More on Risk Management

Hospitals increasingly using credit checks to understand whether patients will pay

A credit report can show if the patient has a long history of not paying his or her bills.

Susan Morse, Managing Editor

Hospitals are increasingly turning to credit checks to determine both an individual's ability to pay and to mine data on their patients' population health.

"The new self-pay accounts receivable is rising at an uncontrollable rate, creating an accounts receivable headache," said Jordan Levitt, partner and cofounder of Payor Logic, a vendor that offers hospitals credit checks on patients.

"They owe money, hospitals need a way to assess risk," Levitt said.

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Starting in 2006, the practice started to take off, Levitt said. The Affordable Care Act fueled the need as the law created a large, underinsured population.

[Also: Cincinnati Children's Hospital grows collections through 'consumer-friendly' portal]

"Health insurance is expensive, what used to be a small part of somebody's income and has become a large part," Levitt said. "What was 5 percent is now 15 to 30 percent of gross income going to healthcare."

Attorney David Esquivel with Bass, Berry & Sims in Nashville, specializes in credit reporting, often being employed by hospitals to interpret reports and to review contracts with vendors. Requests for the latter are increasing, he said.

Esquivel said he's seen credit reports used on both the front end and back end of the revenue cycle operation.

On the front end, a hospital can determine ability to pay.

"There's a lot more private pay, and sometimes coverage under insurance is limited," he said.

"That's the purpose of getting one of these reports: whether you provide service, under what terms, or need more money up front."

Esquivel said, "I've also seen it on the back end, trying to collect money owed and for debt collection."

[Also: Paying it forward: How Houston Methodist improved collections, lifting margins]

A useful tool of the credit report is determining whether to pursue an unpaid bill, Esquivel said. A credit report can show if the patient has a long history of not paying his or her bills, or whether good credit history indicates payment is worth pursuing.

"Where I've seen it used is whether it's worth your while to try to collect," he said. "We have clients who offer a product to hospitals. They do an analysis, credit history, the amount owed, a hospital's charity policy. They advise the hospital: put money into collections or this is somebody it's not worth doing that, you might as well write it off as charity care."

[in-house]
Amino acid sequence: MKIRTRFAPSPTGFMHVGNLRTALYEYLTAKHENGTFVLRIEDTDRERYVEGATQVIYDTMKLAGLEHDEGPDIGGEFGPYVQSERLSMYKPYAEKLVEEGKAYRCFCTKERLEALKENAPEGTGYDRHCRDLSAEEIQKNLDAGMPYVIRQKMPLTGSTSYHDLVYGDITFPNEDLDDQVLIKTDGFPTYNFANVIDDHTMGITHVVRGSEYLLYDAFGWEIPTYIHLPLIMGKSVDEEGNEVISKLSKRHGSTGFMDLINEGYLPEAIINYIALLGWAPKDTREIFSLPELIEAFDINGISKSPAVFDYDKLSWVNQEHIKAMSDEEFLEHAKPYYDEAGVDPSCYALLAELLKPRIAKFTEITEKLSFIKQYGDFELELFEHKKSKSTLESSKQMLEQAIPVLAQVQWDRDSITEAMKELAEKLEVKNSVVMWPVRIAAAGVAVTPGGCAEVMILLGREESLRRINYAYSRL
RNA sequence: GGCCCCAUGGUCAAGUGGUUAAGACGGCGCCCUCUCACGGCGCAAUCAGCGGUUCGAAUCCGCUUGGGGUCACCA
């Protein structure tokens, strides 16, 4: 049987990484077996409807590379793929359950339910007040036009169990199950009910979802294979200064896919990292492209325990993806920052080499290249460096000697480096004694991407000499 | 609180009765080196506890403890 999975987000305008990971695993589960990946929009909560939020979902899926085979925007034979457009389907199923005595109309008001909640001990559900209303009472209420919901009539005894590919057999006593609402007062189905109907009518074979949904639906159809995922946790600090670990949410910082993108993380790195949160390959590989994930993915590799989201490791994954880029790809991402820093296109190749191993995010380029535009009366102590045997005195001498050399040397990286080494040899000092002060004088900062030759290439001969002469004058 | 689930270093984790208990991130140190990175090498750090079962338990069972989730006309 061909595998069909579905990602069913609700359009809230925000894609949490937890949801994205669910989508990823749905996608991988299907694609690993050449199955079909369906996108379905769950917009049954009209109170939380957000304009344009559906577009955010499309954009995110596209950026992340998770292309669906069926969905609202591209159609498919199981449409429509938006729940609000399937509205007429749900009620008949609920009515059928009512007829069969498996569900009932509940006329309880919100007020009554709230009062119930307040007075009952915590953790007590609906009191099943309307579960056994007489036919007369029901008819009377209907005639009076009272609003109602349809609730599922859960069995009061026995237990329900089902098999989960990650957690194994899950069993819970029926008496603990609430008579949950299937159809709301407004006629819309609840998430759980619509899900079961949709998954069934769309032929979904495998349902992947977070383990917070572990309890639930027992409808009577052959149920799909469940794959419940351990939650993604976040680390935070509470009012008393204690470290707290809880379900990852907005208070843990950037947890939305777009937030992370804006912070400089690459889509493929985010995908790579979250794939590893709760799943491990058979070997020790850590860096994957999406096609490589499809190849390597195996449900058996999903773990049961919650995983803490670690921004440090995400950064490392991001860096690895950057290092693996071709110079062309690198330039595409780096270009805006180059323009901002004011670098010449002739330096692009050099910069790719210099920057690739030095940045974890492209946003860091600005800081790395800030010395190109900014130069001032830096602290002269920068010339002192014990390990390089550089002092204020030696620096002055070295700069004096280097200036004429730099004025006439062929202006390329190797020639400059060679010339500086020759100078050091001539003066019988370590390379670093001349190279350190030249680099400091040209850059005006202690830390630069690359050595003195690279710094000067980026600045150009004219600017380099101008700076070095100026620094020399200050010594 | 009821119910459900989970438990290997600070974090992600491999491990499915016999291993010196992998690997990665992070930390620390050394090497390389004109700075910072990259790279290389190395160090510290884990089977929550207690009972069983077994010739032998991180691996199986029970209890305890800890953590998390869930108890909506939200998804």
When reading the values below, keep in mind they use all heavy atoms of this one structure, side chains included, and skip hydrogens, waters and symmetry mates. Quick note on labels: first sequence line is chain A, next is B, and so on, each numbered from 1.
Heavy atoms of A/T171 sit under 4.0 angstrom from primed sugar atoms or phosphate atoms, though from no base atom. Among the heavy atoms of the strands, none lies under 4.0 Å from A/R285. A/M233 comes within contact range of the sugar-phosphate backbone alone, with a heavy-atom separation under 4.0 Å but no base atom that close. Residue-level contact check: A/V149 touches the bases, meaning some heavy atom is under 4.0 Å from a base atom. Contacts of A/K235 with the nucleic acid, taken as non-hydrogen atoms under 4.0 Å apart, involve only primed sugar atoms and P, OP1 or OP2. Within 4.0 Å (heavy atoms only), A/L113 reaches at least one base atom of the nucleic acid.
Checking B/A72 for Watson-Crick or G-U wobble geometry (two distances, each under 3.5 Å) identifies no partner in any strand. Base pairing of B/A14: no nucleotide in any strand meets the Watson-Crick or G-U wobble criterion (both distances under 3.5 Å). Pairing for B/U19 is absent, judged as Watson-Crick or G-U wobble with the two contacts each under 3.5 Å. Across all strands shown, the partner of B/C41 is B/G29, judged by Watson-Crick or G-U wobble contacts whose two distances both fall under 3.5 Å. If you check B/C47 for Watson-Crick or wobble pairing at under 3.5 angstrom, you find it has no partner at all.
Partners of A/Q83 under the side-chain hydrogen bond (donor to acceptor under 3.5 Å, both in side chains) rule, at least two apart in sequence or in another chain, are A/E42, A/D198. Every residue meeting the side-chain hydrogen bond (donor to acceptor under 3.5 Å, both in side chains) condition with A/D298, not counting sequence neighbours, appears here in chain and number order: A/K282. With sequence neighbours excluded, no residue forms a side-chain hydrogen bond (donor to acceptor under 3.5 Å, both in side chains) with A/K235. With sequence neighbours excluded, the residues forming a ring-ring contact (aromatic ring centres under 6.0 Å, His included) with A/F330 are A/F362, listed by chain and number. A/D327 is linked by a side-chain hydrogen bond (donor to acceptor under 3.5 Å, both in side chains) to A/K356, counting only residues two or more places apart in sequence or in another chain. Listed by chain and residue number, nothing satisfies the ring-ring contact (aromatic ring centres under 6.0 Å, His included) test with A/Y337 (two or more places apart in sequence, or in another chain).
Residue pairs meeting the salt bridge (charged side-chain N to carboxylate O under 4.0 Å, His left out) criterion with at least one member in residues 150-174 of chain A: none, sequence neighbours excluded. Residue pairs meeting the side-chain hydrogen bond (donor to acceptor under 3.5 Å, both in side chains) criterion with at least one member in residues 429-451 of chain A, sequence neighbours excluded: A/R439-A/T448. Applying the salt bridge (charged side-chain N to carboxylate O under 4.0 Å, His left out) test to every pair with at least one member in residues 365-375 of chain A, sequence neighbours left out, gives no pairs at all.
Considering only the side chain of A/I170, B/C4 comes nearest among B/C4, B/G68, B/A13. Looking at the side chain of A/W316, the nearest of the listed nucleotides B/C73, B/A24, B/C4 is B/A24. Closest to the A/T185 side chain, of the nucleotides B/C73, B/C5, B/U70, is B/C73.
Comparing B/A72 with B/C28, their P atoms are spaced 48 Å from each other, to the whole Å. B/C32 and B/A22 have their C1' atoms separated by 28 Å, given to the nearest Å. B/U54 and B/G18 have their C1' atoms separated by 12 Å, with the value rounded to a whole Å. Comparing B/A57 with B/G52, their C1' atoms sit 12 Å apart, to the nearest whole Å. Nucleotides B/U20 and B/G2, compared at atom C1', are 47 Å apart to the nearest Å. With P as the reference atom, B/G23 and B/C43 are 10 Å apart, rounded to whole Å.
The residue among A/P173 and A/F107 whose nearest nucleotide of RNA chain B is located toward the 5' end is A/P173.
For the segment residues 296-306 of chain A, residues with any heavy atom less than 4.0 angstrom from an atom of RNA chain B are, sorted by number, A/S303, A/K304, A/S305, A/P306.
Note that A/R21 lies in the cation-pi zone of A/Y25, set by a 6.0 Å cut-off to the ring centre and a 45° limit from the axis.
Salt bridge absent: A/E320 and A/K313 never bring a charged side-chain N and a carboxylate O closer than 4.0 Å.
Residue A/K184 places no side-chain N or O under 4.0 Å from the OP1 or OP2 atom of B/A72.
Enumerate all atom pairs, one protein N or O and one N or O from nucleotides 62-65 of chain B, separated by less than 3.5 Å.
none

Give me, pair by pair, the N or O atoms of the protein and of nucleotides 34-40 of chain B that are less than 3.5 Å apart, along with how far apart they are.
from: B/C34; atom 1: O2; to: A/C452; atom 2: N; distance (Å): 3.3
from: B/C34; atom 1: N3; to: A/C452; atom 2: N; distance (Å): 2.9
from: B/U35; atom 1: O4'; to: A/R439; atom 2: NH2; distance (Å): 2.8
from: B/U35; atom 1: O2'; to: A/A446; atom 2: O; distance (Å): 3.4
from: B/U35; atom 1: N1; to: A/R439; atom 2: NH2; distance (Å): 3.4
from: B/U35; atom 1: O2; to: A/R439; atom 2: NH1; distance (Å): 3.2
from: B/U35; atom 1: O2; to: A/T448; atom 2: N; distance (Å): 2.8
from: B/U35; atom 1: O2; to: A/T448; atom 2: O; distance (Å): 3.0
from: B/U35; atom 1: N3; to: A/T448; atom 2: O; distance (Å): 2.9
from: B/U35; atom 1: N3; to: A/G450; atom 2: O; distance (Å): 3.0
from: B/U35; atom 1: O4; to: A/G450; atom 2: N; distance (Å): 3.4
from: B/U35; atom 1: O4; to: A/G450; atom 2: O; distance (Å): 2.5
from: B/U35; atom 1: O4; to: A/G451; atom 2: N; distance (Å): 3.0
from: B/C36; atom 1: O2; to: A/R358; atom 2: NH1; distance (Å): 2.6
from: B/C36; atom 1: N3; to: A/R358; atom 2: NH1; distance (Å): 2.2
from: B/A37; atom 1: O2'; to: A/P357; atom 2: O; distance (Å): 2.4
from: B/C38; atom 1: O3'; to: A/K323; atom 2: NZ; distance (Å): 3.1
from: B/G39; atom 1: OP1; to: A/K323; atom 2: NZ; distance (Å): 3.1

While a standard credit report gives information on whether credit card debt, a mortgage, a car loan, is paid on time, the other reports can also take a deeper dive into lifestyle choices, such as frequent pizza purchases, cigarette buying habits, a fall-off in buying prescription drug refills or a lack of vehicle registration, which could indicate a problem in getting to appointments.

Esquivel said he more often deals with the traditional credit report, but that he's heard of the other kind of report being used.

"I've heard services that will look at social media presence, have people running analytics, figuring out from Facebook, what are your interests? Are you a smoker? What sort of websites do you visit? Your purchasing history," Esquivel said. "This is the issue of big data, the data available on each of us now. It paints a specific picture of who you are."

Credit checks are not used to deny non-elective treatment, both experts said.

"They have to treat you," Levitt said.

The cost of a report is an estimated 50 cents to $1.25 for each inquiry, he said.

In a month, that spend can add up to $10,000 to $15,000, which Levitt believes can be made up in increased cash flow.

"Everybody's trying to figure out how to reduce that cost of care," he said. "Does 50, 70 cents make the cut? There is no other way to find out that information."

Patient privacy concerns are the same as for health records, said Levitt and Esquivel.

"HIPAA (Health Insurance Portability and Accountability Act) governs us," Levitt said. "The Fair Credit Reporting Act is about the same as handling medical record data."

If a hospital uses a vendor, the provider is taking little risk, he said.

There are still things hospitals need to have in place, Esquivel said.

"It's important when they receive credit reports to have safeguards in place that they are being used for the right purpose."

Esquivel also agreed that hospitals must treat credit reports with the same respect for privacy as health records.

A best practice is to get permission for the credit check on the admission form, Esquivel said.

Patients also give express permission if they give information indicating they can't pay up front and are seeking credit, he said.

"The credit system is regarded as pro-consumer," Esquivel said. "This is a voluntary system."

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Protections for the consumer increased after the financial crisis of 2008. The Dodd-Frank Wall Street Reform and Consumer Protection Act created the Consumer Credit Protection Bureau, which enforces consumer protection laws and regulates how companies use credit reporting and collection services. 

"When a vendor provides credit information, there's a well developed body of federal law and regulations," Esquivel said.  "Industries that traditionally relied on credit are used to this, but it's new to healthcare."

One warning comes from a 2012 case, in which the Minnesota Attorney General pursued alleged privacy breaches and unseemly collection practices against Accretive Health, a medical debt collector and revenue cycle management service. Accretive agreed to pay $2.5 million to resolve allegations that it used questionable tactics to collect payment for Minnesota hospitals.

Twitter: @SusanJMorse